IDC reports latest supercomputer rankings based on the IDC Balanced Rating test.
The test, developed with extensive input from the high-performance computing (HPC) community, is important because industrial competitiveness and scientific progress depend on this most-powerful class of computers.
The latest rankings list contains 1,030 currently installed HPC computer systems. "Our goal is to document as many of the world's installed HPC systems as possible, and make the data available for free to the entire HPC community," said Earl Joseph II, IDC Research Director, Worldwide Systems and Servers.
"User organizations need a source of common system specification data, and top-level tools for sorting through various aspects of the technologies to better understand and explain how different computer architectures match their requirements. The IDC Balanced Rating provides one such top-level analysis and ranking. We invite suggestions at all times via email to firstname.lastname@example.org," said Debra Goldfarb, IDC group vice president, Worldwide Systems and Servers.
The computers are ranked in ten different tables based on IDC's four market segments and whether the computer is a cluster of computers or a single (non-clustered) computer.
The four IDC market segments are:
1. Technical Capability Computers: Systems purchased to solve the most demanding problems.
2. Technical Enterprise Computers: Capacity systems that sell for $1 million or more.
3. Technical Divisional Computers: Capacity systems sold from $250,000 to $999,000.
4. Technical Departmental Computers: Capacity systems sold for less than $250,000.
The IDC Balanced Rating focuses on three broad performance areas:
--Processor performance. The desired measurement is the speed at which the processors could generate results if they were kept fully occupied with work. For the IDC Balanced Rating, SPECfp-rate-base2000, SPECint-rate-base2000 and Linpack Rmax results are used in the rating. In the future additional processor metrics will be incorporated.
--Memory system capability. A computer's actual performance is dependent on how much data can be moved into and out of the processors in a given time period. For the IDC Balanced Rating, main memory peak bandwidth and the STREAM TRIAD benchmarks are used.
--Scaling capability. A number of factors relate to how a large system can be configured, and how performance is effected by the design. For the IDC Balanced Rating, total processor count and total system memory bandwidth are used. In the future, latency and other metrics will be integrated into the benchmark based on the availability of consistent data on HPC computers.
"Predicting the performance characteristics of a computer for your specific application codes is a very complex process and buyers often narrow the field of choices by first deciding on the basic computer architecture type, e.g., a single computer vs. a cluster, large nodes vs. small nodes, RISC vs. vectors, etc. Any broad ranking list like this one is often more useful in the acquisition of lower priced computers since you can't afford to spend a million dollars to evaluate buying a $200,000 system," said Joseph.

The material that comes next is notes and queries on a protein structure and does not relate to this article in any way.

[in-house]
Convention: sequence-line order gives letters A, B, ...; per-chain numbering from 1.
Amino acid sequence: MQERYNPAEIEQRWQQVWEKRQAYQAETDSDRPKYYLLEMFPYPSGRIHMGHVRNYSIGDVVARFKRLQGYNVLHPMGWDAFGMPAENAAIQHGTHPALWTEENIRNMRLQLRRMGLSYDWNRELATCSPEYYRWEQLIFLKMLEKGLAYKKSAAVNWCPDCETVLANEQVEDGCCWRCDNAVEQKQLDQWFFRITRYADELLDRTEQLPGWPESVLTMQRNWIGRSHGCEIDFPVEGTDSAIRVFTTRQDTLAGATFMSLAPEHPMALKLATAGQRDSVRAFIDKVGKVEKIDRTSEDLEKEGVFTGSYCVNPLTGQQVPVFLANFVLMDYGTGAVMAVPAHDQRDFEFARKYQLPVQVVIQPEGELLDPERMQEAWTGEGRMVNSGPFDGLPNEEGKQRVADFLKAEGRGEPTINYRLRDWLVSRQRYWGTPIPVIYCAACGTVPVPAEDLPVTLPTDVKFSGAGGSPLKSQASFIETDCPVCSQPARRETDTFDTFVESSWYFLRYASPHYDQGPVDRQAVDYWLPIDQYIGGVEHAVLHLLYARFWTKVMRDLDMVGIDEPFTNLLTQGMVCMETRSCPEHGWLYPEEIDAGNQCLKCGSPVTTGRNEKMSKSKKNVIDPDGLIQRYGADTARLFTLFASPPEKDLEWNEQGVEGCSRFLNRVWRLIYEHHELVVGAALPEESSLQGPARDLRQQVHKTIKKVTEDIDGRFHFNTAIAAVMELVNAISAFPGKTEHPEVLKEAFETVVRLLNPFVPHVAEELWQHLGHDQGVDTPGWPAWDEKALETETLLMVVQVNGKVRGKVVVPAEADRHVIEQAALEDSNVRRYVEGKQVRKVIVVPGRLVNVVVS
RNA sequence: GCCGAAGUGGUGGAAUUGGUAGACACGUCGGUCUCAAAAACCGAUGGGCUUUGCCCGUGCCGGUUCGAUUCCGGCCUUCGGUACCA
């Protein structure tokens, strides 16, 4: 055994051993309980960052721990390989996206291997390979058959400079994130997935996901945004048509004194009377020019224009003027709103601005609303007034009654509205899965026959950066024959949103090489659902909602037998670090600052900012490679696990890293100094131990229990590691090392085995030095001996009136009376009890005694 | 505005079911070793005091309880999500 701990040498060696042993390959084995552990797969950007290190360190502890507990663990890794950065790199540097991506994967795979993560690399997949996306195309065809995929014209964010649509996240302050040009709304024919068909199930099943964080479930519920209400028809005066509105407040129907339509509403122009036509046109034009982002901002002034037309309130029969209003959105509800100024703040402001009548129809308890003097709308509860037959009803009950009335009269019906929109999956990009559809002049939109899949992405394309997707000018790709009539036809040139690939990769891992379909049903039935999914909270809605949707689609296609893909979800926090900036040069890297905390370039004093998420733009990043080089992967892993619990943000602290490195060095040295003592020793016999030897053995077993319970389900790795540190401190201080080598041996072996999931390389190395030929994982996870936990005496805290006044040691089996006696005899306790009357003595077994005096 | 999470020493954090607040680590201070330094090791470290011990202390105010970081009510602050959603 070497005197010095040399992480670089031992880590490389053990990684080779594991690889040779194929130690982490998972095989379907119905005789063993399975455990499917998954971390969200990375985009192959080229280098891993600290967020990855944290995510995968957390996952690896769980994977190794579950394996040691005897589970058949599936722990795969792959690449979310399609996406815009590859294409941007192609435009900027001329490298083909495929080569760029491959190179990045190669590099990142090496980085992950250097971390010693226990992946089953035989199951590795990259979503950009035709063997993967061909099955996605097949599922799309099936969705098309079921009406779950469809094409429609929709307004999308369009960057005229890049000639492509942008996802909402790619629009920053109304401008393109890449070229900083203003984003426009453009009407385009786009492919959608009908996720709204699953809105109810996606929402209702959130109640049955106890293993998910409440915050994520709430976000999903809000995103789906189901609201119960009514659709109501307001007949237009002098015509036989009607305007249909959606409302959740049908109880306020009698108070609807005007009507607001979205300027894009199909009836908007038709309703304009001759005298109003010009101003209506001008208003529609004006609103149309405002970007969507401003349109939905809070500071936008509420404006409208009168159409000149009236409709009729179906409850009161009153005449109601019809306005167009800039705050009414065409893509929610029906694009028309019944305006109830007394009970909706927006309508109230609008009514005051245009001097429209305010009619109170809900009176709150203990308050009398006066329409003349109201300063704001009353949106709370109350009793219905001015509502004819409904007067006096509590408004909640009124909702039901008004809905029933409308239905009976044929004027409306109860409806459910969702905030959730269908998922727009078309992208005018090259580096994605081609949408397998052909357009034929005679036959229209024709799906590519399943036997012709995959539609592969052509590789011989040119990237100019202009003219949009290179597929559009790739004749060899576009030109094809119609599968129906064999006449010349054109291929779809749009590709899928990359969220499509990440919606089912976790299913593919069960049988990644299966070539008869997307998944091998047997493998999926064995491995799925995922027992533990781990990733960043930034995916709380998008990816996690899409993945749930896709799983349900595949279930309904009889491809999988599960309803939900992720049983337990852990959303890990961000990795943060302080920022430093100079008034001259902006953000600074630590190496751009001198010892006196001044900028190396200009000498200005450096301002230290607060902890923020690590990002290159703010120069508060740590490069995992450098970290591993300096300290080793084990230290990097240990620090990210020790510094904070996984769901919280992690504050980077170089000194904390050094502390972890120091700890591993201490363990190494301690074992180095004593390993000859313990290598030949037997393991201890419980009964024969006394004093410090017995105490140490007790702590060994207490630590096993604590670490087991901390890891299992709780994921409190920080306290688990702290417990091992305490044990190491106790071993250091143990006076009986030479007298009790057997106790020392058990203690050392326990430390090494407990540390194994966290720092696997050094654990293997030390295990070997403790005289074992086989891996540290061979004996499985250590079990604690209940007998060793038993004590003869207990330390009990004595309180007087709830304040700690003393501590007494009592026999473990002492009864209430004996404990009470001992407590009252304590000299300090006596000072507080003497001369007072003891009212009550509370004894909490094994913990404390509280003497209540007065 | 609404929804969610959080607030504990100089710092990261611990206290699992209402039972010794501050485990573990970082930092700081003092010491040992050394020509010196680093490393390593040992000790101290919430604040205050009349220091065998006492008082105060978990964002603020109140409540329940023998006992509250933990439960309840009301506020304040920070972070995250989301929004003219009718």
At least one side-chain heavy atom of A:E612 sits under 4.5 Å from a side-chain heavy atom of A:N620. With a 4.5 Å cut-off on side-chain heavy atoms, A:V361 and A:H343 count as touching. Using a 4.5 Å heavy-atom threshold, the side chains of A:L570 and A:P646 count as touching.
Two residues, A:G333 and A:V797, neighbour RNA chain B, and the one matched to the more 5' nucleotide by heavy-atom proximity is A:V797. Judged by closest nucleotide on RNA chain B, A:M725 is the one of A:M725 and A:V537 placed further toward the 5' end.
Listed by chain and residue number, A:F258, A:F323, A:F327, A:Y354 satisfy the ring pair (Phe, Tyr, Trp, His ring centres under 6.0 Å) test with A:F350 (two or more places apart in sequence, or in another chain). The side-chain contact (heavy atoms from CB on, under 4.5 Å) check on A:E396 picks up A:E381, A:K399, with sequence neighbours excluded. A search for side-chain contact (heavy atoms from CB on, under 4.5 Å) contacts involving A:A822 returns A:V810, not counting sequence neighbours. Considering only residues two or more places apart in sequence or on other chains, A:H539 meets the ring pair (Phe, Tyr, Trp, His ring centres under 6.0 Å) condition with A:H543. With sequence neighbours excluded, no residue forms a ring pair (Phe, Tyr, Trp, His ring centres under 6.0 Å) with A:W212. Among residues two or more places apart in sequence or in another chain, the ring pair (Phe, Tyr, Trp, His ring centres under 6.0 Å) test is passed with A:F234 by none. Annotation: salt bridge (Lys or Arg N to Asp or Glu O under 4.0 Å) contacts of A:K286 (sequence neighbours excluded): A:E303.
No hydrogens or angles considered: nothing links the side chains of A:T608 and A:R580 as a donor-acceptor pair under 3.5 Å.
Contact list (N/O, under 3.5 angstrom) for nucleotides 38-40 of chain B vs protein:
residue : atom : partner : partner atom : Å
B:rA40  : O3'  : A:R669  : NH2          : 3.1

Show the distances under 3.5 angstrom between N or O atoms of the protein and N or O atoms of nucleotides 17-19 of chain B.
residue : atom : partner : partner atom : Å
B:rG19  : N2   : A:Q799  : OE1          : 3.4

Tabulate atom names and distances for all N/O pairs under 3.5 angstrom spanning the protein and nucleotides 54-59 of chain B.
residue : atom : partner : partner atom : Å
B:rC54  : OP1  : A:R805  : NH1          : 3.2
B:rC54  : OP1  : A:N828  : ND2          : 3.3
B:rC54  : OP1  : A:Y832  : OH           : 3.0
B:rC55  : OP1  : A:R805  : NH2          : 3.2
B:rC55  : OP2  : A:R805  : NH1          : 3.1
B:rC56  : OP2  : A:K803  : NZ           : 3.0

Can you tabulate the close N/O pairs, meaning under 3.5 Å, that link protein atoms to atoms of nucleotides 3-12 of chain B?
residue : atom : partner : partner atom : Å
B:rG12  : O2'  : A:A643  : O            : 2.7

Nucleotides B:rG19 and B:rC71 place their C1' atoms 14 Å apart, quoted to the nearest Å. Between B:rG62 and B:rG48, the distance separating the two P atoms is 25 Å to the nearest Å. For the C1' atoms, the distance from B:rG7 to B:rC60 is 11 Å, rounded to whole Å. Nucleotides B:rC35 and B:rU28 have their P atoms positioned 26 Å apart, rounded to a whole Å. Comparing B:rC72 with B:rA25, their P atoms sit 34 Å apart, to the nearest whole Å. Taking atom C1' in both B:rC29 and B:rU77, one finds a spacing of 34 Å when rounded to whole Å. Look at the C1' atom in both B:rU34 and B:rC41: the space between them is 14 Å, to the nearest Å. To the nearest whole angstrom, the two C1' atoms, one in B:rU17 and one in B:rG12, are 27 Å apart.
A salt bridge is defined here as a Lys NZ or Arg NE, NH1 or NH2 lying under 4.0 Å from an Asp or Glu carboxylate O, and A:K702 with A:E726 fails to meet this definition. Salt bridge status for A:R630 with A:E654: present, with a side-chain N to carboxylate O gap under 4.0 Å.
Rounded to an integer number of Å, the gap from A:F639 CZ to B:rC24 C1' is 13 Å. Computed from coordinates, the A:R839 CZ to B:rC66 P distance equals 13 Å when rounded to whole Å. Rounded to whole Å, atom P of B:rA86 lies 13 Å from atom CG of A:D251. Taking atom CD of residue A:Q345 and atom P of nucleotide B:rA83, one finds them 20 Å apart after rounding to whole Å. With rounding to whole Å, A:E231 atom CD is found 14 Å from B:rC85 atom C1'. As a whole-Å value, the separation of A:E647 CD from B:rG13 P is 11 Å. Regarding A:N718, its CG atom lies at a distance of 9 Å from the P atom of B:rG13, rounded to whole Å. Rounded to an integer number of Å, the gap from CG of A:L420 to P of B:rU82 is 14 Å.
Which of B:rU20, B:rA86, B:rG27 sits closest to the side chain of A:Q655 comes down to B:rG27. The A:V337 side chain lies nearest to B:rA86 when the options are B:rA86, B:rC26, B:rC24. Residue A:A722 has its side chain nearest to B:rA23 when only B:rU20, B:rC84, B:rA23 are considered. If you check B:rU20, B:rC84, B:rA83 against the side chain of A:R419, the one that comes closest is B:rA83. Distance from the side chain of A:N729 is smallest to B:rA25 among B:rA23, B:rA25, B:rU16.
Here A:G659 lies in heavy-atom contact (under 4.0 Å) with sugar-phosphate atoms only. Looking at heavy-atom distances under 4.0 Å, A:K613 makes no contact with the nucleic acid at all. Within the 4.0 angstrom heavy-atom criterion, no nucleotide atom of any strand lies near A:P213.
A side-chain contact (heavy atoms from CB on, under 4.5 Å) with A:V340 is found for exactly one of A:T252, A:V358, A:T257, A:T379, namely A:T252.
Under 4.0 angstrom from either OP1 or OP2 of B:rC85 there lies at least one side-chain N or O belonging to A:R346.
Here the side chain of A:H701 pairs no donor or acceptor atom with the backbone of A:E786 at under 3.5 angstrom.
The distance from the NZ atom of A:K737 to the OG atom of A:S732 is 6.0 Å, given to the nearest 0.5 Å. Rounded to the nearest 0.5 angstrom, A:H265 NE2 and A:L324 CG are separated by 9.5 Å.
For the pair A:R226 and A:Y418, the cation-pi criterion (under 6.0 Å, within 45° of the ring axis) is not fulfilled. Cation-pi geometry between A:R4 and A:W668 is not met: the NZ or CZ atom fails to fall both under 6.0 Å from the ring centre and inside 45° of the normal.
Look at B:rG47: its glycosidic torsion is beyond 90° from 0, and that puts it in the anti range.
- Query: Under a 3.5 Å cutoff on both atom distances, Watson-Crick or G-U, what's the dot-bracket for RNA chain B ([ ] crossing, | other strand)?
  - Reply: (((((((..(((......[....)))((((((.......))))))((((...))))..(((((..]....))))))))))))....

The draft results of the latest IDC Balanced Rating were circulated several times over the last two months within the HPC User Forum, a group of leading worldwide high-performance computing users from government, industry and academia, and among HPC computer vendors.
Interesting Observations From The New Rankings:
--The Earth Simulator in Japan, built by NEC, is the fastest on the list, with a score of 40,478, 8.1 times faster than the next fastest computer.
--The second fastest computer is ASCI White built by IBM, with a score of 4,967.
--IBM has 3 of the top ten Capability computers and has the top 5 clustered Enterprise computers. IBM has the fastest Enterprise computer with a score of 521.
--HP has computers in the top ten of all four market segments. HP has 3 of the top ten Capability systems and 6 out of the top ten Departmental class systems. HP has 4 of the top ten clustered Capability computers. HP has the second fastest
Enterprise computer at 509. HP also has 3 of the top ten single Divisional computers.
--Linux NetworX is the newest vendor entering the top ten list.
--SGI is on the top ten list for every category of HPC computer and has 5 out of the top ten single (non-clustered) computers. SGI has the fastest single computer with a score of 772. SGI also has the fastest Departmental computer with a score of 11.9.
--Sun has 7 out of the top ten Divisional class systems and has 6 out of the top ten Enterprise class systems. Sun has the fastest Divisional computer with a score of 73. Sun has 5 of the top ten clustered Divisional computers.
--Cray Inc. has 5 out of the top ten single (non-clustered) computers.
--Looking at only single (non-clustered) computers, SGI and Cray Inc. are the only vendors on the top 25 list. SGI has 14 and Cray Inc. has 11 of the top 25 computers.
--Looking at the largest market segment, Departmental computers, HP and SGI each have 11 of the top 25 computers.
IDC is a provider of information technology (IT) industry analysis, market data and insight, and strategic and tactical guidance to builders, providers and users of information technology. IDC provides global research with local content through more than 600 analysts in 43 countries worldwide. IDC is a division of IDG, an IT media, research, and exposition company.
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|Publication:||EDP Weekly's IT Monitor|
|Date:||Dec 2, 2002|
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